This article will contain less scientific esoterica than what I traditionally enjoy writing about. Instead, I will attempt to present a fair analysis of Anavex's (NASDAQ:AVXL) presentations this week at the 2016 Alzheimer's Association International Conference (AAIC) in Toronto.
To be clear, the information presented was not top line data. It was safety data with preliminary results of efficacy that was in no way meant to be interpreted as placebo-controlled or final. Again, please allow me to reiterate: the data that was presented was not meant to convey ultimate efficacy of the drug. It was meant to demonstrate dosing and safety and that is exactly what it did.
However, in traditional fashion, the market reacted as if this was top line data. This is somewhat understandable given the arcane nature of the information - investors crave concrete results and neuropharmacology is incredibly complex - but at the same time the fear mongering I've witnessed is rather disturbing. Indeed, I've observed a number of outlets, including Twitter, Seeking Alpha and The Street publish articles that incite fear through the authors' use of specious assumptions, extreme pessimism and inflammatory rhetoric. To refer to a scientific and medical endeavor as "garbage" when it has been planned, designed and executed by the foremost experts in the field - especially when one possesses an incompatible background to be throwing such stones - is both unprofessional and unbecoming of an author. To indicate that the company stated or implied a cure to Alzheimer's in its endeavors is a rather creative interpretation of unofficial buzz at best and libel at worst.
Yes, it is adaptive design, which is relatively new (1970s). However, adaptive design has significant advantages over more traditional studies - especially in early trials - including ethical, financial and flexibility considerations [A], which even the FDA recognizes [B]. For a small, upstart biotechnology company, an adaptive dose-finding regimen is a viable strategy, as it allows significant data mining (maximum tolerated dose, dose-response curves, etc.) on a rolling and modifiable basis. True, there is known increased Type 1 error with this design strategy but as I said before - the data reported was in no way intended to definitely establish efficacy.
The initial presentation showed a favorable safety profile with predominantly minor adverse events and a high patient retention rate. So far so good.
The real teeth gnashing began after the second poster presentation and subsequent PR, though it seemed like the (ostensibly prewritten) vitriolic articles were circulating before Anavex's PR had even squeaked onto Yahoo. To be fair, the official PR was conservative. It stated the facts about 2-73's early efficacy results, added minimum commentary about its promising nature, and indicated the need for a larger study. That's it. And that's all that was necessary for a small, adaptive phase 2 study. Regardless, the results were immediately attacked, paraded under shockingly false - and possibly intentionally misleading pretense - and dismissed.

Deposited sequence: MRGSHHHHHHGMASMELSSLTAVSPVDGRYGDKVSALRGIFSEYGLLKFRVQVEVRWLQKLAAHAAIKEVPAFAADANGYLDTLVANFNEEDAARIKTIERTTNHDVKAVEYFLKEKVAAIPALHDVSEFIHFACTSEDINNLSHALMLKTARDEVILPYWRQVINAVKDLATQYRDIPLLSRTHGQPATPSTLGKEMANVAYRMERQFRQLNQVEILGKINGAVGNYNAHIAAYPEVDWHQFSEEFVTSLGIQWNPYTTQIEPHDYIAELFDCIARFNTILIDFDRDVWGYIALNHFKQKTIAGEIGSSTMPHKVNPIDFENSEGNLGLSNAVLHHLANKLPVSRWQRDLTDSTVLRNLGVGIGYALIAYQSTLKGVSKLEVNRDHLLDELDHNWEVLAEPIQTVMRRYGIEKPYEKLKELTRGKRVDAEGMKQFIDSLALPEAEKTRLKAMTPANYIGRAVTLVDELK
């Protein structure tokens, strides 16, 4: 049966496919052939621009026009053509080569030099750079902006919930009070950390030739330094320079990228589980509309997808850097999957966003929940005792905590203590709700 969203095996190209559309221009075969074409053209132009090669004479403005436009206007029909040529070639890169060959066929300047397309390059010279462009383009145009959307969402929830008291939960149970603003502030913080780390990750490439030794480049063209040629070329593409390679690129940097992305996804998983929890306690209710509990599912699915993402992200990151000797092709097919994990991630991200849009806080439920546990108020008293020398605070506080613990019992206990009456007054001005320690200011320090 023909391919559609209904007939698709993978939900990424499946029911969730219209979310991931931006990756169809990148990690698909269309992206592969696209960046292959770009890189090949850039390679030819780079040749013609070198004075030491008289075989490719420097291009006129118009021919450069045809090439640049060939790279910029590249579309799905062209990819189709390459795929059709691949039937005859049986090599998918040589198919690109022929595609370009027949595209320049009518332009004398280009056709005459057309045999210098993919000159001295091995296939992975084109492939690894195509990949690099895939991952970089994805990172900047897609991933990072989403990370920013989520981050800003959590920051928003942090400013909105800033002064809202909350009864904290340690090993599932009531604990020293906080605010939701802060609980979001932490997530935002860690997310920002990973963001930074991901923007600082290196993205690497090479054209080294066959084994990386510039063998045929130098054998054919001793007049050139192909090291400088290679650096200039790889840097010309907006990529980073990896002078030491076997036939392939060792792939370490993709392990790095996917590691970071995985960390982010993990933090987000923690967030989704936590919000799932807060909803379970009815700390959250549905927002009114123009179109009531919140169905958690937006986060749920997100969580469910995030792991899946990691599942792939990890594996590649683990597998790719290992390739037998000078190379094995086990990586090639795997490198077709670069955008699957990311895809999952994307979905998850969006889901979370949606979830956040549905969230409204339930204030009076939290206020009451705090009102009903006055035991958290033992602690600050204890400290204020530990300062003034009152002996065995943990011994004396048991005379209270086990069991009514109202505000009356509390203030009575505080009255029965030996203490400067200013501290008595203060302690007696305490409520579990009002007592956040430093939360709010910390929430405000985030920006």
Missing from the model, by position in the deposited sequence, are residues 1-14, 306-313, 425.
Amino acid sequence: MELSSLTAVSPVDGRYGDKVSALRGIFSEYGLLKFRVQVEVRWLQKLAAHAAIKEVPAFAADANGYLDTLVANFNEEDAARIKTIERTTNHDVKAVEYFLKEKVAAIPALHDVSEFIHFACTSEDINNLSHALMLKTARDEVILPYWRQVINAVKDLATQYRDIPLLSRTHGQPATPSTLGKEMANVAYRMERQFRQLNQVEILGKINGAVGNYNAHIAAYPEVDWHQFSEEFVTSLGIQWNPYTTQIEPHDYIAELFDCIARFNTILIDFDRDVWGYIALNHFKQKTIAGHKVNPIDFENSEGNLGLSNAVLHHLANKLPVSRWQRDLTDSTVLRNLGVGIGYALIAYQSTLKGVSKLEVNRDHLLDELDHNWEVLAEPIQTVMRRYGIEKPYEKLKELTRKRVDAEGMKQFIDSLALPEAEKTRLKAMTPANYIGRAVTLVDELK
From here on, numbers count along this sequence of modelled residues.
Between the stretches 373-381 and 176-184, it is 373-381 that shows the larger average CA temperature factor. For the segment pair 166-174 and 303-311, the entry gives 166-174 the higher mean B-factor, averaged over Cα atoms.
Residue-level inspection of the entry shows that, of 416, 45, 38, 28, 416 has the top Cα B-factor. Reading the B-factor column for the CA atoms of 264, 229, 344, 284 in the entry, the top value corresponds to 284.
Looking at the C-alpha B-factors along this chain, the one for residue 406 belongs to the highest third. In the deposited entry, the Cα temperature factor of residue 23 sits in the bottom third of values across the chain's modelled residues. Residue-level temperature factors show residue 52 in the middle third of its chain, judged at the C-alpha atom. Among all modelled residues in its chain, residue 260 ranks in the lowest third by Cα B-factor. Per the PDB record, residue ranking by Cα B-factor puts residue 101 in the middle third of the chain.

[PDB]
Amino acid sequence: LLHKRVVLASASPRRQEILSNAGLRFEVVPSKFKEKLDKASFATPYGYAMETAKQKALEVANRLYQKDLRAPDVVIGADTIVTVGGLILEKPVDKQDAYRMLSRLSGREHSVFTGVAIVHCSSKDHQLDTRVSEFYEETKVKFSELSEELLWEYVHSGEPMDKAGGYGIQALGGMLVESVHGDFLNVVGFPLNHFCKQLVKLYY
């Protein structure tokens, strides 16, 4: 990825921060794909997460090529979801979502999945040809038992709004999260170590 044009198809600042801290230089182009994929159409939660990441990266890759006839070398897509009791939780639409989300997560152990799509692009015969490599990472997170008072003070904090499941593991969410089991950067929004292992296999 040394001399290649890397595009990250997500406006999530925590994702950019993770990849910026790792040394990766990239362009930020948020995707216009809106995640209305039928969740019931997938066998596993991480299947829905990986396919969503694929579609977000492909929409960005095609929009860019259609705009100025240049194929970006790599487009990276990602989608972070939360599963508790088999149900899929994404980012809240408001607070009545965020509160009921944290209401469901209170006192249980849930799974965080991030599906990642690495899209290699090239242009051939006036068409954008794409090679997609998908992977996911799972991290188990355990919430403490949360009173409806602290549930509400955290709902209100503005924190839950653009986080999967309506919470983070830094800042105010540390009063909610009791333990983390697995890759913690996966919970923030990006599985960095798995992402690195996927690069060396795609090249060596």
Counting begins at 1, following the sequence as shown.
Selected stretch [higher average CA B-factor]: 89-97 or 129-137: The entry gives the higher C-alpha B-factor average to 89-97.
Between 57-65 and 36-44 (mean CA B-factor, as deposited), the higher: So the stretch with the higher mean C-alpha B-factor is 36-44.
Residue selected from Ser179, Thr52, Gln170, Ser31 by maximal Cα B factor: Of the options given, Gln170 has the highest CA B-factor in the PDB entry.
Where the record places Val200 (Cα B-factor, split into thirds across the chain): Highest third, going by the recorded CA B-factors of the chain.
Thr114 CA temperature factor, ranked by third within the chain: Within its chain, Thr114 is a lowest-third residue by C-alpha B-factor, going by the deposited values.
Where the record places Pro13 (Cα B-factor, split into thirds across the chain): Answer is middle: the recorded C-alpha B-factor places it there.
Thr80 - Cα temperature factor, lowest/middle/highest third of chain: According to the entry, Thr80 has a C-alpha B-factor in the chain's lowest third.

Allow me to elaborate briefly on a portion of the efficacy data with a speck of optimism. For all Alzheimer's patients, the measured decline in MMSE scoring is between 1.5 and 4.5 points per year [1,2].
Referring to the second poster presentation, there has been no observed decline in MMSE to this point. That is promising. It's not definitive and proven beyond a reasonable doubt, but it's promising. It's exceptionally promising when one considers that all current methods of Alzheimer's therapy only slow the disease process. The decline, including MMSE measurements, is inexorable [3,4]. Therefore, I am of the opinion that Anavex 2-73 is worthy of further study. It is now a matter of demonstrating drug superiority (or non-inferiority) to the current standard of care (SoC).
In conclusion, Anavex's poster presentations at AAIC revealed preliminary efficacy data but the raison d'etre of this study is safety. Alzheimer's is a remarkably complex and heterogeneous disease process with a ton of variables, which make approaching therapy to it very difficult. To this point, Anavex has taken a very deliberate and cautious approach to addressing Alzheimer's disease via its adaptive phase 2 study design. This methodology benefits the patients, saves money, interdicts futility and establishes a firm foundation for continued study.
Bring on Phase 2/3.
A. Chow S-C, Chang M. Adaptive Design Methods in Clinical Trials - a review. Orphanet Journal of Rare Diseases. 2008. 3:11.
B. Guidance for Industry: Adaptive Design Clinical Trials for Drugs and Biologics. 2008.
1. Han L, Cole M, Bellevance F, McCusker J, Primeau F. Tracking
cognitive decline in Alzheimer's disease using the mini-mental state
examination: a meta-analysis. Int Psychogeriatr. 2000 Jun; 12(2):231-47.
2. Zhao Q, Zhou B, Ding D, Teramukai S, Guo Q, et al. Cognitive
Decline in Patients with Alzheimer's Disease and Its Related Factors in a
Memory Clinic Setting, Shanghai, China. PLoS One.
3. Doody RS, Dunn JK, Clark CM, Farlow M, Foster NL, et al. Chronic
donepezil treatment is associated with slowed cognitive decline in
Alzheimer's disease. Dement Geriatr Cogn Disord. 2001
4. Rountree SD, Chan W, Pavlik VN, Darby EJ, Siddiqui S, et al.
Persistent treatment with cholinesterase inhibitors and/or memantine slows clinical progression of Alzheimer disease. Alzheimers Res Ther. 2009; 1(2):7.
Disclosure: I am/we are long AVXL.
I wrote this article myself, and it expresses my own opinions. I am not receiving compensation for it. I have no business relationship with any company whose stock is mentioned in this article.